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Cal

3.42 of 5 stars 3.42  ·  rating details  ·  953 ratings  ·  53 reviews
First published in 1983, this lyrical novel, superficially straightforward but full of stories within stories, first brought Bernard MacLaverty's work to public attention. In the novel, a young Irish Republican Army operative who wants to break the cycle of violence seeks out a woman whose Ulster policeman husband he helped to murder. As their relationship grows, so do Cal ...more
Paperback, 154 pages
Published 1984 by Penguin Books (first published 1983)
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(showing 1-30 of 1,485)
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Shelley
I found Cal on a list of top ten books about the Troubles. Leon Uris’s sprawling and cinematic Trinity, which I read last summer and found historically impressive but aesthetically underwhelming, is also on the list, a few notches above Cal. Though Cal is much slimmer and less glamorous, it’s infinitely better than Trinity and packs a stronger punch.

Cal is set near Belfast during the 1970’s. It’s primarily a love story between two people separated by age, lifestyle, politics, and a big, lurking
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Jaime
Tender as a bruise, is this book.
Beth
This book is certainly an emotional undertaking. I read it for a Northern Ireland class, and I just flew through it. It's one of the best insights I've ever had into the possible mindset of an IRA member who doesn't quite have the stomach for it, but gets lost and tangled in everything he's done and everything he wishes he could do.
Padraic
Romeo O'Juliet meets Maggie Mae. A thoroughly depressing book from a thoroughly depressing time. An awesome writer.
matt

Fine, fine novel about the Troubles in the mid 60's. The blurbs call it a classic, the "Passage To India" of the era and though I don't unfortunately know the Forester book very well, it's easy to see why.

Cal McClusky is a teenager on the dole, the only son of an abbatoir man who is in the midst of some serious turmoil- physical (puberty), political (he's the only son of a widowed father who is stubbornly staying in a hostile Ulster neighborhood, a bitter Roman Catholic among aggressive Protesta
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Ape
This review has been hidden because it contains spoilers. To view it, click here.
Allan
This is the second novel I've read by McLaverty, having already enjoyed his semi autobiographical 'The Anatomy School'.

Set in a small town close to Magherafelt, it follows the life of unemployed Catholic 19 year old Cal, who lives as the last of his 'kind' in a Protestant housing estate with his father, Shamie, an abattoir worker. From early in the novel, it becomes clear that Cal is involved on the fringes of the IRA but wants out, which isn't so easy, given the pressures put on him by ex scho
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Joey
This novel poignantly addresses the complexity of being caught in cultural hubris. Cal's struggle is one that preexisted him... one that will outlive him.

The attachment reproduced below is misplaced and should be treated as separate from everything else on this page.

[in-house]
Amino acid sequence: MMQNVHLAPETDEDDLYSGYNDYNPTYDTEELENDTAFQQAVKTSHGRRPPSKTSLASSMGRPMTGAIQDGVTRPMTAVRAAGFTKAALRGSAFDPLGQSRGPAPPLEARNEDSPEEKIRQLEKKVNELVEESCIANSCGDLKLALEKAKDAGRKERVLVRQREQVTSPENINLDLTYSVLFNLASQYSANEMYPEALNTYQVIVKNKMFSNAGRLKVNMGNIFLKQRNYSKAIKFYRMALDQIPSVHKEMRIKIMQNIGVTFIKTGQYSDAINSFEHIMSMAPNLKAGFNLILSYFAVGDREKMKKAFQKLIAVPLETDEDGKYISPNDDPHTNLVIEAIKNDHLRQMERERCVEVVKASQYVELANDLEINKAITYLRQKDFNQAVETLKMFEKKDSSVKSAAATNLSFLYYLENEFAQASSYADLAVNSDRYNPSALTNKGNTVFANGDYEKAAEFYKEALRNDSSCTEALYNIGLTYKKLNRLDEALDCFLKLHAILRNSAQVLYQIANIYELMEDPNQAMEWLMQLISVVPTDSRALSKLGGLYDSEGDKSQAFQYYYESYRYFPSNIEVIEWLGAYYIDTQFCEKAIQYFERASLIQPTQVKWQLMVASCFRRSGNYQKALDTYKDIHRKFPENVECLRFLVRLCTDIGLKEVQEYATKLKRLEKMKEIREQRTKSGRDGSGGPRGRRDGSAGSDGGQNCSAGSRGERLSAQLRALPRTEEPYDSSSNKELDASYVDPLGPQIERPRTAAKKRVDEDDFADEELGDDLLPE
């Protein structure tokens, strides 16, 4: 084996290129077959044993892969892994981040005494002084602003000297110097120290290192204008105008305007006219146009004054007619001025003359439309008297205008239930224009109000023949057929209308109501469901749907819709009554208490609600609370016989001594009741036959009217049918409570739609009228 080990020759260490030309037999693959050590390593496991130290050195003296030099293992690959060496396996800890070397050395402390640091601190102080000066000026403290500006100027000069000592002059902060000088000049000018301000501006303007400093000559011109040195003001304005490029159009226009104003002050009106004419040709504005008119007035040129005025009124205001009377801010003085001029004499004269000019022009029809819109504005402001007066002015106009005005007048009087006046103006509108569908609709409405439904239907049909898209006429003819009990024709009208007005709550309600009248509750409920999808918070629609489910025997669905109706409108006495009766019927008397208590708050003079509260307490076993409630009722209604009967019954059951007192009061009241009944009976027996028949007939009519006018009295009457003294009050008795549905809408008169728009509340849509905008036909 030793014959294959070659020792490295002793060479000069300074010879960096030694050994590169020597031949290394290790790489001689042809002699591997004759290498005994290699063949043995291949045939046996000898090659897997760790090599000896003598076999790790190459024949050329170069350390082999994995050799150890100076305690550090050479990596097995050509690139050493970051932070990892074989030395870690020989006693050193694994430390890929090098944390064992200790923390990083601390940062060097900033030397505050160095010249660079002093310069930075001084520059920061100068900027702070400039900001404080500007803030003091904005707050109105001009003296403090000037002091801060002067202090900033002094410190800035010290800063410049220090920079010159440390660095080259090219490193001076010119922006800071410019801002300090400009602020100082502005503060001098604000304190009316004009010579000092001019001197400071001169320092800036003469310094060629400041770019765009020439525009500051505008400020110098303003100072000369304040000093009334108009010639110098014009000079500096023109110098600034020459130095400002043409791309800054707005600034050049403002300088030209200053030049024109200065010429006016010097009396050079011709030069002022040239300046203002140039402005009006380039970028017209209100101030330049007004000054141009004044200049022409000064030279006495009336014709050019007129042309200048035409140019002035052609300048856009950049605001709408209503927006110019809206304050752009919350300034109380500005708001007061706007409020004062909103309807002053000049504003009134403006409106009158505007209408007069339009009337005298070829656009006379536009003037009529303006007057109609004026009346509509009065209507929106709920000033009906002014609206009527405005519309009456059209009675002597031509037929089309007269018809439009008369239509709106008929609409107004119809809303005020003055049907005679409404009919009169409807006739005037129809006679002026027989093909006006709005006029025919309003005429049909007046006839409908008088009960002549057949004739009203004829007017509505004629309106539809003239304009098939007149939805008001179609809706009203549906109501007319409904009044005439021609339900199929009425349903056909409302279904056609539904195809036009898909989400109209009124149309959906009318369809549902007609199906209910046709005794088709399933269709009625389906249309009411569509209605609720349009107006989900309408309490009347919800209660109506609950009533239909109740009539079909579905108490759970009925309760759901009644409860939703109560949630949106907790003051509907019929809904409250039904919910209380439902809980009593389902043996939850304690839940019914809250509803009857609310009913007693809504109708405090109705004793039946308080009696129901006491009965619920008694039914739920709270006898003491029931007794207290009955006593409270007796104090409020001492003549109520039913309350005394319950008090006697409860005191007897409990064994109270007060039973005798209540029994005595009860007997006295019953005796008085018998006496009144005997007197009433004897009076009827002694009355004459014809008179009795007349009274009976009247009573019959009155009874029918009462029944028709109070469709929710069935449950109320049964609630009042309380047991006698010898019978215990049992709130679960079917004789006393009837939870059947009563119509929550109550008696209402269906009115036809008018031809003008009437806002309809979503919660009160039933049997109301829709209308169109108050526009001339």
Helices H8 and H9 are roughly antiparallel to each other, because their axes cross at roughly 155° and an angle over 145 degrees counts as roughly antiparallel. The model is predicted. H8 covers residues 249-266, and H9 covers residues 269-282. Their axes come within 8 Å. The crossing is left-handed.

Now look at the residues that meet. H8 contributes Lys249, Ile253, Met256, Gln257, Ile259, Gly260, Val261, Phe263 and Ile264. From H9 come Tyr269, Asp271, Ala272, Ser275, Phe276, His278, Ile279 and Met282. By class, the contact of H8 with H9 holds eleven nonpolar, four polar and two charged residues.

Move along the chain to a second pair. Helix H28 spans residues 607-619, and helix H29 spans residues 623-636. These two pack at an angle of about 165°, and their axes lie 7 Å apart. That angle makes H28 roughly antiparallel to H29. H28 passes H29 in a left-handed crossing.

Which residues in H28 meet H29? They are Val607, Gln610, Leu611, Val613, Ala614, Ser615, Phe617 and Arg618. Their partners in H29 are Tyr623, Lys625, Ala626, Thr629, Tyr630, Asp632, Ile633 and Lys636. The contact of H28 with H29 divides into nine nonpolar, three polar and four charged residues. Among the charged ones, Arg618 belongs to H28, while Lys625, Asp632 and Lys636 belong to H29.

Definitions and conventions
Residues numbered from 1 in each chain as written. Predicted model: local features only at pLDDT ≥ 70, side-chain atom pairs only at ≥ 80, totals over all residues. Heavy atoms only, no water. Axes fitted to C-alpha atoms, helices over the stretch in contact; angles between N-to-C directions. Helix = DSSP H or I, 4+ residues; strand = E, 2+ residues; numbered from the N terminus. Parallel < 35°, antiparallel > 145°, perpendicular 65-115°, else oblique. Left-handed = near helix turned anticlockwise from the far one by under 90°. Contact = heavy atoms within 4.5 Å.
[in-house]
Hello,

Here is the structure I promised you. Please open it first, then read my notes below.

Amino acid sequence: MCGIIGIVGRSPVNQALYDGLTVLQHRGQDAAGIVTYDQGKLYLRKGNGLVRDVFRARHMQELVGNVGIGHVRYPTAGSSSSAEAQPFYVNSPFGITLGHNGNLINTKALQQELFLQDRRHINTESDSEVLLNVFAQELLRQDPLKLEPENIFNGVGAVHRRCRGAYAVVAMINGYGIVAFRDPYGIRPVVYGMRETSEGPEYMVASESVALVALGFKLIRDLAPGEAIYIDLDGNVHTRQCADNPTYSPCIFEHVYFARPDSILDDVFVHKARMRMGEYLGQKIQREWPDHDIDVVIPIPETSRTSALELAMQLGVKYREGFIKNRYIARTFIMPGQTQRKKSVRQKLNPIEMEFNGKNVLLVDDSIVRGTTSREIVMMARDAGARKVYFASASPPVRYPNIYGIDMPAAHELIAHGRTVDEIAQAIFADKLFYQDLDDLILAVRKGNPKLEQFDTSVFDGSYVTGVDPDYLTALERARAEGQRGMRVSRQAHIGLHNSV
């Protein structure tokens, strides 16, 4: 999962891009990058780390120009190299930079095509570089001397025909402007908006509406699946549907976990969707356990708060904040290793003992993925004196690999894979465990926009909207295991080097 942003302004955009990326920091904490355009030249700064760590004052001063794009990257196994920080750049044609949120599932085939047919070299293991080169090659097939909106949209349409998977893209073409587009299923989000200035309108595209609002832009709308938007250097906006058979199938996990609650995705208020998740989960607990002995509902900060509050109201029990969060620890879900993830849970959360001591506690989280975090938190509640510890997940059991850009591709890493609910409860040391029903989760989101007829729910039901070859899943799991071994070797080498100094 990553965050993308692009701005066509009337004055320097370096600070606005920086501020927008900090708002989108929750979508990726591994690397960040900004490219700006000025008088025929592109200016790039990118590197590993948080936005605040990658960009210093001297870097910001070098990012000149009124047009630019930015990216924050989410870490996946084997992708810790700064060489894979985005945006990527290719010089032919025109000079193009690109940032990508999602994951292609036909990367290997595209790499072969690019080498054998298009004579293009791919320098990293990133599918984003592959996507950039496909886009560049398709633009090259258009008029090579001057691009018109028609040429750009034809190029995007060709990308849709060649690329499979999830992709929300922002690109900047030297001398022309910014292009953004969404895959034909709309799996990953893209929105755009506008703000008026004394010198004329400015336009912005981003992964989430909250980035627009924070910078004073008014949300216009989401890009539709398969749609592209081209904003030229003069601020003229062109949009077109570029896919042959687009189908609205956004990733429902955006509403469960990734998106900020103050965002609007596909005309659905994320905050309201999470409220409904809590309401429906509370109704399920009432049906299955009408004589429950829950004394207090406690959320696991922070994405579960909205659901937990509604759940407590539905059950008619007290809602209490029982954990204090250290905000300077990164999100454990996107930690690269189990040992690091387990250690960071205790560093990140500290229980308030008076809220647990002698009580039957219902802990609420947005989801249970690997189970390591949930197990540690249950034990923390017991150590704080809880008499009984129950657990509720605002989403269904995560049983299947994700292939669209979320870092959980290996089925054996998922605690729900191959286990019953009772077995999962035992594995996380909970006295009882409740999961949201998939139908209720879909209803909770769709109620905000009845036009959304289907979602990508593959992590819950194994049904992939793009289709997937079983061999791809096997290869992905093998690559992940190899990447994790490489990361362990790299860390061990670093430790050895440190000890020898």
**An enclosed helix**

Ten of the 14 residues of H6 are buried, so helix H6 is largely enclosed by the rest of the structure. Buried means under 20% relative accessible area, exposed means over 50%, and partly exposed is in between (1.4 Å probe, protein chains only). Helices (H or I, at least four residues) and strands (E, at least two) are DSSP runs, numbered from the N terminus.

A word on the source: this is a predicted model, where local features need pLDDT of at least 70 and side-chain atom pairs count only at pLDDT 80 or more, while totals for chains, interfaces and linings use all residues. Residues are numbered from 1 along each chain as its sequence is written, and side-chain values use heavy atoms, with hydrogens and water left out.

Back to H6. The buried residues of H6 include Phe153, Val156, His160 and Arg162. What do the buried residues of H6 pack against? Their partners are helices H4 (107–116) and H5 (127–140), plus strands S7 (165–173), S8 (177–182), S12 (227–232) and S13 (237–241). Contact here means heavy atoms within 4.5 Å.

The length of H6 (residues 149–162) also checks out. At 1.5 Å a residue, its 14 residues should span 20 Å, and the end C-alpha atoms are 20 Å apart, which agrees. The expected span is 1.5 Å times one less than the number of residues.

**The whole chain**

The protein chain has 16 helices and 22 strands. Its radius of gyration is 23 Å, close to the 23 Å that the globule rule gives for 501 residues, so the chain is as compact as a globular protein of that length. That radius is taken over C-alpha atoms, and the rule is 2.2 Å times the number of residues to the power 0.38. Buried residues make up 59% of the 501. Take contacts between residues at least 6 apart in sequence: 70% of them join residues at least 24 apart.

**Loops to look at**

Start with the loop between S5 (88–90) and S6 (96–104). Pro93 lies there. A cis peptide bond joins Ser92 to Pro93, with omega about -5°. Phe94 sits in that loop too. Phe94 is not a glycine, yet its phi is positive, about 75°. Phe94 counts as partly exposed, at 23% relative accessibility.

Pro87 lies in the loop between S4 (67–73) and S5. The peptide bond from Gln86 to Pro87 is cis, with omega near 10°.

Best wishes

This one made me cry, and I don't do that often.

P.S. If you gave this novel anything less than five stars, ask yourself: Do I have a heart? Just kidding... kind of.
Ariel
Although I liked the writing style, I felt this book was a sad tale of a man who's life was going nowhere. His guilt was all that he lived for. MacLaverty is a good writer, that's not the issue. The issues is that the book was nothing more than a sad story.
Personal opinion, I guess.
Gerry
This is a really wonderful story about an Irish Catholic, Cal, living in Belfast in the 70's. Cal becomes involved in a murder and falls in love with the wife of the man murdered. MacLaverty has really spun a fine tale here.
Melissa
This is a powerful book about being caught between two worlds: the Catholic IRA of the 1980's and the Protestants of Northern Ireland. It is a mighty book, right through to the last page.
Thaliane
It misses true suspense and action.
Ben
Was made read it in school.
Clive Thompson
First published in 1983 this novel, set in Northern Ireland, outside Belfast, is almost historical. Taking place during 'the troubles' and before the 'peace process' this is the story of Cal a nineteen year old unemployed youth, unemployed because he couldn't stomach the job his father got him in the local abbatoir. Cal and his father are the last Catholic family on a Protestant housing estate and are being victimised. Without condoning the violence, the reader begins to understand how a person ...more
Highlyeccentric
Look, this was well-written, and emotionally pretty demanding. But why spend all that effort getting you emotionally hooked on Cal and Cal alone when you could've had a novella about Marcella, or a longer novel alternating their PsOV? I want an ending that acknowledges that Marcella has been really, thororughly screwed over. Your husband is shot, you're living with your inlaws, and you finally start letting yourself recover by having it off with a farmhand. Then said farmhand is arrested and you ...more
Julia
I really loved this book. It really captures Irish life during the Troubles in a brilliant way. The story is written very vividly: it almost becomes a film in your head. I really liked Cal, the main person - obviously - as well. Would recommend for anyone who wants to get an inside peek into life as a catholic in the Troubles, or anyone who likes a good book really!
Andrew Kordower